I was reading the comments at the bottom of yesterday's column, and I was intrigued by one reader's observation that Don Hutson was too frail to have been successful in today's game. It's the kind of comment that makes me shake my head. Hutson was 6-1, 183. Wes Welker, the game's leading receiver in 2011, is 5-9, 185. Greg Jennings is 5-11, 198. More importantly, if Hutson had played in today's game, he would've been 30 pounds heavier and stronger. Why? Because he would've participated in training regimens that would've resulted in that kind of size gain. Great players do what they have to do to achieve success. Today's players aren't naturally the size they are. They achieved that size out of necessity. Forrest Gregg was 6-4, 249. I guarantee he would not have played at that weight in today's game. He would've been 50 pounds bigger and stronger because that's what would've been required for him to achieve success. A lot of fans act as though this explosion of size and strength is a natural phenomenon. Hey, evolution doesn't work that way. Man doesn't naturally increase his body size by 50 pounds every 50 years. Football players have gotten bigger because the game has demanded it. Hutson and Gregg didn't have the advantages of today's weight-training and dietary programs. They held jobs in the offseason. Had they played in today's game, they would've had today's advantages and they would've gotten bigger and stronger. I don't understand this need for fans to dismiss that which they haven't seen. Are they threatened by it? There's no doubt in my mind that the great players of yesteryear would be great players today. Jim Brown was a small man? Wadda ya think he would've been like, given today's training regimens? Rosey Grier? "Big Daddy" Lipscomb's size revolutionized the game. Dave Robinson had the body every scout in the league will be trying to find at the scouting combine this week. Mel Blount would be a huge corner even by today's standards. I just don't get it.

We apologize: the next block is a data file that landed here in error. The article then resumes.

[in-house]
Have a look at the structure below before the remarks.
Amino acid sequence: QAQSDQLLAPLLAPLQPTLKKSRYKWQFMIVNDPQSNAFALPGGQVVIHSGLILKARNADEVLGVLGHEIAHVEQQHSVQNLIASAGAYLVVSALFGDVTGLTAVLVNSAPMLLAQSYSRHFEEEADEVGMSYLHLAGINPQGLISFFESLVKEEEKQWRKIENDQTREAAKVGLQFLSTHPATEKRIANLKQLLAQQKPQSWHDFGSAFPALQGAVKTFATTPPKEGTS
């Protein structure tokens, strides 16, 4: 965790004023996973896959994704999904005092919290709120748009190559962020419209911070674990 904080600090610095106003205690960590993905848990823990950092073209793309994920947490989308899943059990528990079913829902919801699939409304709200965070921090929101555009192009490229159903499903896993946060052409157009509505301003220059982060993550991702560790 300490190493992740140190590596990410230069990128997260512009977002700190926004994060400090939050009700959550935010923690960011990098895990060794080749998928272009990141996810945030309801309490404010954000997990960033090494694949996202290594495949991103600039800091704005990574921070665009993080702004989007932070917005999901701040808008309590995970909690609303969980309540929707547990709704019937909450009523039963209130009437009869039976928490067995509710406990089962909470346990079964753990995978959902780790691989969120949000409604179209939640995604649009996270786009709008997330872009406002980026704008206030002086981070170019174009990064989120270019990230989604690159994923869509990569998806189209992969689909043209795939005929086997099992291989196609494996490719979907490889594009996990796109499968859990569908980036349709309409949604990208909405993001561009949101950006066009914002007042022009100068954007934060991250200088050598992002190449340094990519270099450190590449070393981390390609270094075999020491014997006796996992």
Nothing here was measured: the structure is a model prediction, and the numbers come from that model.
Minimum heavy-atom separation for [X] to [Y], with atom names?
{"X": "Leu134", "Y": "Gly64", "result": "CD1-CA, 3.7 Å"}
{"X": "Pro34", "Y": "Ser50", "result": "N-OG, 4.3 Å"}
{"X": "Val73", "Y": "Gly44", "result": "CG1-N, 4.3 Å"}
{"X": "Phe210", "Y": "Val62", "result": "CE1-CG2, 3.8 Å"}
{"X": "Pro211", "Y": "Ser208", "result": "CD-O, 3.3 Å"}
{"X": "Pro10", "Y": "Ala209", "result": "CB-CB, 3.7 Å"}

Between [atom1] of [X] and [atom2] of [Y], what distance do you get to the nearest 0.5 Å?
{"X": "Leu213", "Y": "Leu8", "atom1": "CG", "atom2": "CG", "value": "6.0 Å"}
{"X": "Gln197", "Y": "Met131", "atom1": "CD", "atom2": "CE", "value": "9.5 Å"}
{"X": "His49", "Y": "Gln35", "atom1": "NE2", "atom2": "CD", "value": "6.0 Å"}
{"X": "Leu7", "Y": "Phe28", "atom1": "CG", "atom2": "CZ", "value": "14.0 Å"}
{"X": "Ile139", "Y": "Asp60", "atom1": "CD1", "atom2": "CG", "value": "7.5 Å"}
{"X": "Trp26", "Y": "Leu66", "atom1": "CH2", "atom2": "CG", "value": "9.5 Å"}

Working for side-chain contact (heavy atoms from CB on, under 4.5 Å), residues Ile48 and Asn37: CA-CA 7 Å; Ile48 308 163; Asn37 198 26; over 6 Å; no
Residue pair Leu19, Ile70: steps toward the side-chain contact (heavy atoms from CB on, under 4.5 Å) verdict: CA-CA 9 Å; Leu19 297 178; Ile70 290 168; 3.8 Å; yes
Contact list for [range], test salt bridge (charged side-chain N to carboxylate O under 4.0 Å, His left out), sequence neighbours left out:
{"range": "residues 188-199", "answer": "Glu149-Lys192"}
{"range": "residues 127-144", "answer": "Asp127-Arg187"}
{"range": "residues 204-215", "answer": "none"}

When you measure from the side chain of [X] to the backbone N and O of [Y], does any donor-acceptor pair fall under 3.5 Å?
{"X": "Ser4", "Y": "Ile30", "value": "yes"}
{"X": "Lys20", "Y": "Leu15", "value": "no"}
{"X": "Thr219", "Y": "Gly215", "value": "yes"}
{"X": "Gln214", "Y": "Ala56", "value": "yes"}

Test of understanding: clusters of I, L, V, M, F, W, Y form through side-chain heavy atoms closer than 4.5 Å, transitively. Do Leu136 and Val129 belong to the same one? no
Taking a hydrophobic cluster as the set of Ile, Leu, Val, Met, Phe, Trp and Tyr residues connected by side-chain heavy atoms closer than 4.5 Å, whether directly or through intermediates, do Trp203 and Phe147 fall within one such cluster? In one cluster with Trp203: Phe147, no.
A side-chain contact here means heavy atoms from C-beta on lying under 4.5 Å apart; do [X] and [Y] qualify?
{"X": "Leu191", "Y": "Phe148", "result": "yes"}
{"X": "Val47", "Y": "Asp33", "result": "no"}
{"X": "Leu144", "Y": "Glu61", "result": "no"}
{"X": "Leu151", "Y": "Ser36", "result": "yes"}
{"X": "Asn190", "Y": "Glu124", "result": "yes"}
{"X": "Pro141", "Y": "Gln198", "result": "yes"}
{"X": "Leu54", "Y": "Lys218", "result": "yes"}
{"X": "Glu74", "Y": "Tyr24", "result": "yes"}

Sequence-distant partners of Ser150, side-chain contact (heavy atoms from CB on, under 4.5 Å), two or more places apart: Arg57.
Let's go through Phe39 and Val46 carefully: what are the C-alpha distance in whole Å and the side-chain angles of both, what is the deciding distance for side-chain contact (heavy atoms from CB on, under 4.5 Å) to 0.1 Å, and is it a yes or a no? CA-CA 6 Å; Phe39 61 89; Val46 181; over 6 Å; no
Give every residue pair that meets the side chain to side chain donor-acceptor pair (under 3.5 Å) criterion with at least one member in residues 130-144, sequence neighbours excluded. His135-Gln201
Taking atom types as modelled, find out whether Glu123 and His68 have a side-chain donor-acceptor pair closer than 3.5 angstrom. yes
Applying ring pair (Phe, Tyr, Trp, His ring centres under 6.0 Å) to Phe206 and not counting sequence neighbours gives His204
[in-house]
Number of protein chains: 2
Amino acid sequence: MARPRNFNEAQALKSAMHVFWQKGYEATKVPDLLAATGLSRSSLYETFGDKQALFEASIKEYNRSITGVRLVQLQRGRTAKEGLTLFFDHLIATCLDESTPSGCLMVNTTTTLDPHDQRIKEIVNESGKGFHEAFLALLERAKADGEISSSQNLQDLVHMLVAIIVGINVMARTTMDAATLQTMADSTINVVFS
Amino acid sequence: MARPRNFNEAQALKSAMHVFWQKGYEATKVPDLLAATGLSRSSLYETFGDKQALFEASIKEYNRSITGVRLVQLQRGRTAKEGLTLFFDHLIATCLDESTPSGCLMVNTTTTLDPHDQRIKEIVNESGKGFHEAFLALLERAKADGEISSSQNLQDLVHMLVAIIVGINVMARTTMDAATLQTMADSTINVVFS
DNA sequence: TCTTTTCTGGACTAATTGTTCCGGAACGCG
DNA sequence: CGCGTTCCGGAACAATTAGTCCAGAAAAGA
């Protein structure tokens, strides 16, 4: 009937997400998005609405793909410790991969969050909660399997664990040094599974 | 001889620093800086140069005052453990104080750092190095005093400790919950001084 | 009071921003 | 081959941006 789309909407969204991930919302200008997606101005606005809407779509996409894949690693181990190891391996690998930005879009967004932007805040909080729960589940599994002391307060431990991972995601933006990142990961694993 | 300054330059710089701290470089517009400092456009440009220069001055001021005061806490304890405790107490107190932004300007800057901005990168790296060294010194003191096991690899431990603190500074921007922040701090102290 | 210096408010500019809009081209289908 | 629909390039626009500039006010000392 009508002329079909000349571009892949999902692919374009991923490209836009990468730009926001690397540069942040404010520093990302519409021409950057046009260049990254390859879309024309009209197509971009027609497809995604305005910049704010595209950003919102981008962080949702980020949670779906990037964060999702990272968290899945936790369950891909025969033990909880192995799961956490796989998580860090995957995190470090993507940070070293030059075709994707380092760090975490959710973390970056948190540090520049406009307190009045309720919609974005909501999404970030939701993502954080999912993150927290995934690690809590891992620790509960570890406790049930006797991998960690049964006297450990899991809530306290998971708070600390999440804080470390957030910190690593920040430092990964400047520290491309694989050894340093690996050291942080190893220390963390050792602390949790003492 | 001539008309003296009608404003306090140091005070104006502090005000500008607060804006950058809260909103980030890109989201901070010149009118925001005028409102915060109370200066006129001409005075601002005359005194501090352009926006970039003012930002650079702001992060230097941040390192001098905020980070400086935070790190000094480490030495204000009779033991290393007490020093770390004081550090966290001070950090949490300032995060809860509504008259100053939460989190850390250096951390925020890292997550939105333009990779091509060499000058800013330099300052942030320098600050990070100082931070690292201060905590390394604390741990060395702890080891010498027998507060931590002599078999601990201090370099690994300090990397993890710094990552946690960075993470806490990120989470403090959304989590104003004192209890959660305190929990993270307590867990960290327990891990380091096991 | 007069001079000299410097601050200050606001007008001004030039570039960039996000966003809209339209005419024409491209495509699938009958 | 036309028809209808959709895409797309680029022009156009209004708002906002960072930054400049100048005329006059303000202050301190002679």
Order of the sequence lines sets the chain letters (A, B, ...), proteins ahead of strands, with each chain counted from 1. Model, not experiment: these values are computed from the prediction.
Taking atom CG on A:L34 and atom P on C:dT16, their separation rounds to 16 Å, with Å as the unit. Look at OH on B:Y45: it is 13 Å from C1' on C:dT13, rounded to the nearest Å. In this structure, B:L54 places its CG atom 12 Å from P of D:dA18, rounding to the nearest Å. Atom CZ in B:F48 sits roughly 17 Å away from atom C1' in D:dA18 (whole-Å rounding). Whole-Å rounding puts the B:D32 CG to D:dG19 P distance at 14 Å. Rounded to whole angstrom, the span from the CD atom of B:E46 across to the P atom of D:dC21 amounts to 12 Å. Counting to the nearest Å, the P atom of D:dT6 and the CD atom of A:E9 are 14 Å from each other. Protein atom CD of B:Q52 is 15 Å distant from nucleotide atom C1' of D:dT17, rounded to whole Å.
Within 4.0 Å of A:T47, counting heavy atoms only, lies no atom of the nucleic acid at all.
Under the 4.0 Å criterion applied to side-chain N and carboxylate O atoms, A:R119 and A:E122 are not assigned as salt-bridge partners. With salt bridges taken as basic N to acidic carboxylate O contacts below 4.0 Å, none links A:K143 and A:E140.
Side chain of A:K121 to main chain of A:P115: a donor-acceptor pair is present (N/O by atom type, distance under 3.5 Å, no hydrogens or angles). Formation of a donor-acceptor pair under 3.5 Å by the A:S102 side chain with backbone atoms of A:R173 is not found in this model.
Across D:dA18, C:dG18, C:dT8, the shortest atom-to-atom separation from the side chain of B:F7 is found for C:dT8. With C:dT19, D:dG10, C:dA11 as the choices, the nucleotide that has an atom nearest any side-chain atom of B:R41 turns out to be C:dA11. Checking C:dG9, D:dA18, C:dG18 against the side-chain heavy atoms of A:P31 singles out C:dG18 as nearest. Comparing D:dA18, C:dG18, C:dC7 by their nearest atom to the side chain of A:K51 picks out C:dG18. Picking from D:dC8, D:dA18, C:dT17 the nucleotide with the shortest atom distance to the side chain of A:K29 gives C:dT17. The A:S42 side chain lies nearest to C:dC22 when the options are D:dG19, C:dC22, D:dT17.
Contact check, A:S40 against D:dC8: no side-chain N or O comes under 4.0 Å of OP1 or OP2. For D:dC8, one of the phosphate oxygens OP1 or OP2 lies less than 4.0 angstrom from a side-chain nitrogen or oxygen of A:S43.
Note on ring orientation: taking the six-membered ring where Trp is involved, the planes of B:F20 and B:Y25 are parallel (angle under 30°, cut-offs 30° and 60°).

Dick from Tucson, AZ

What do you feel is the Packers biggest need?

They need an impact player on defense, whether it's a pass rusher or pass defender. I think a pass rusher would make a more immediate impact, but a cut-the-field-in-half pass defender can make a big difference, too.

Bret from Mililani, HI

What mid to late-round quarterbacks do you think would be good draft picks for the Packers?

Kirk Cousins, Nick Foles and Ryan Lindley are mid-round guys that interest me.

Travis from Orlando, FL

Suggestion for the FCC: Why not just adjust the blackout policy so that games are still blacked out if not sold out, but make it so that a fan could purchase the blacked out game on TV, say, for the cost of one game ticket?

That's pay per view and we could be heading in that direction, if the blackout policy is terminated. Pay per view, in my opinion, is the Rubicon, and I don't wanna cross it. I like the system just the way it is. There were 256 games played in the NFL last season. We're going to change a system that has worked for nearly 40 years because 16 of those 256 games were blacked out? I don't get that logic.

Sarah from Waukesha, WI

Recently I had the honor of meeting one of the Packers players and getting his autograph. In your experience, do football players generally enjoy meeting their fans or are public appearances more a part of the job kind of thing?

I've never known a player that didn't like having fans.

Dave from Woodland, CA

What worries you most about playing the Detroit Lions next season? Do they have the best chance of keeping the Packers from repeating as division champions?

I don't think it's a worry about playing them, I think it's an acknowledgement of what's happening in Detroit: The Lions are getting better. It's unmistakable. With each draft, they have improved their roster, and they're likely to do it again. How much better do they get with Jahvid Best and Mikel Leshoure back in action? I think the answer to that question will define the Lions in 2012.

Jeff from Hudson, WI

This could be a stretch but do you think the advances in technology hurt ticket sales and keep fans at home?

You're referring to television's presentation of the game and, yes, I think it has become so handsome and sophisticated that a lot of fans feel as though they'll miss something if they don't see it. That's why it's critical to bring that same kind of sophistication to the fan at the game, in the form of state-of-the-art scoreboards and sound systems. Lambeau Field has kept in step with technology and, of course, is in a development phase right now. When you couple the technology improvements with the game-day experience, I'd feel as though I missed something if I didn't attend Packers games.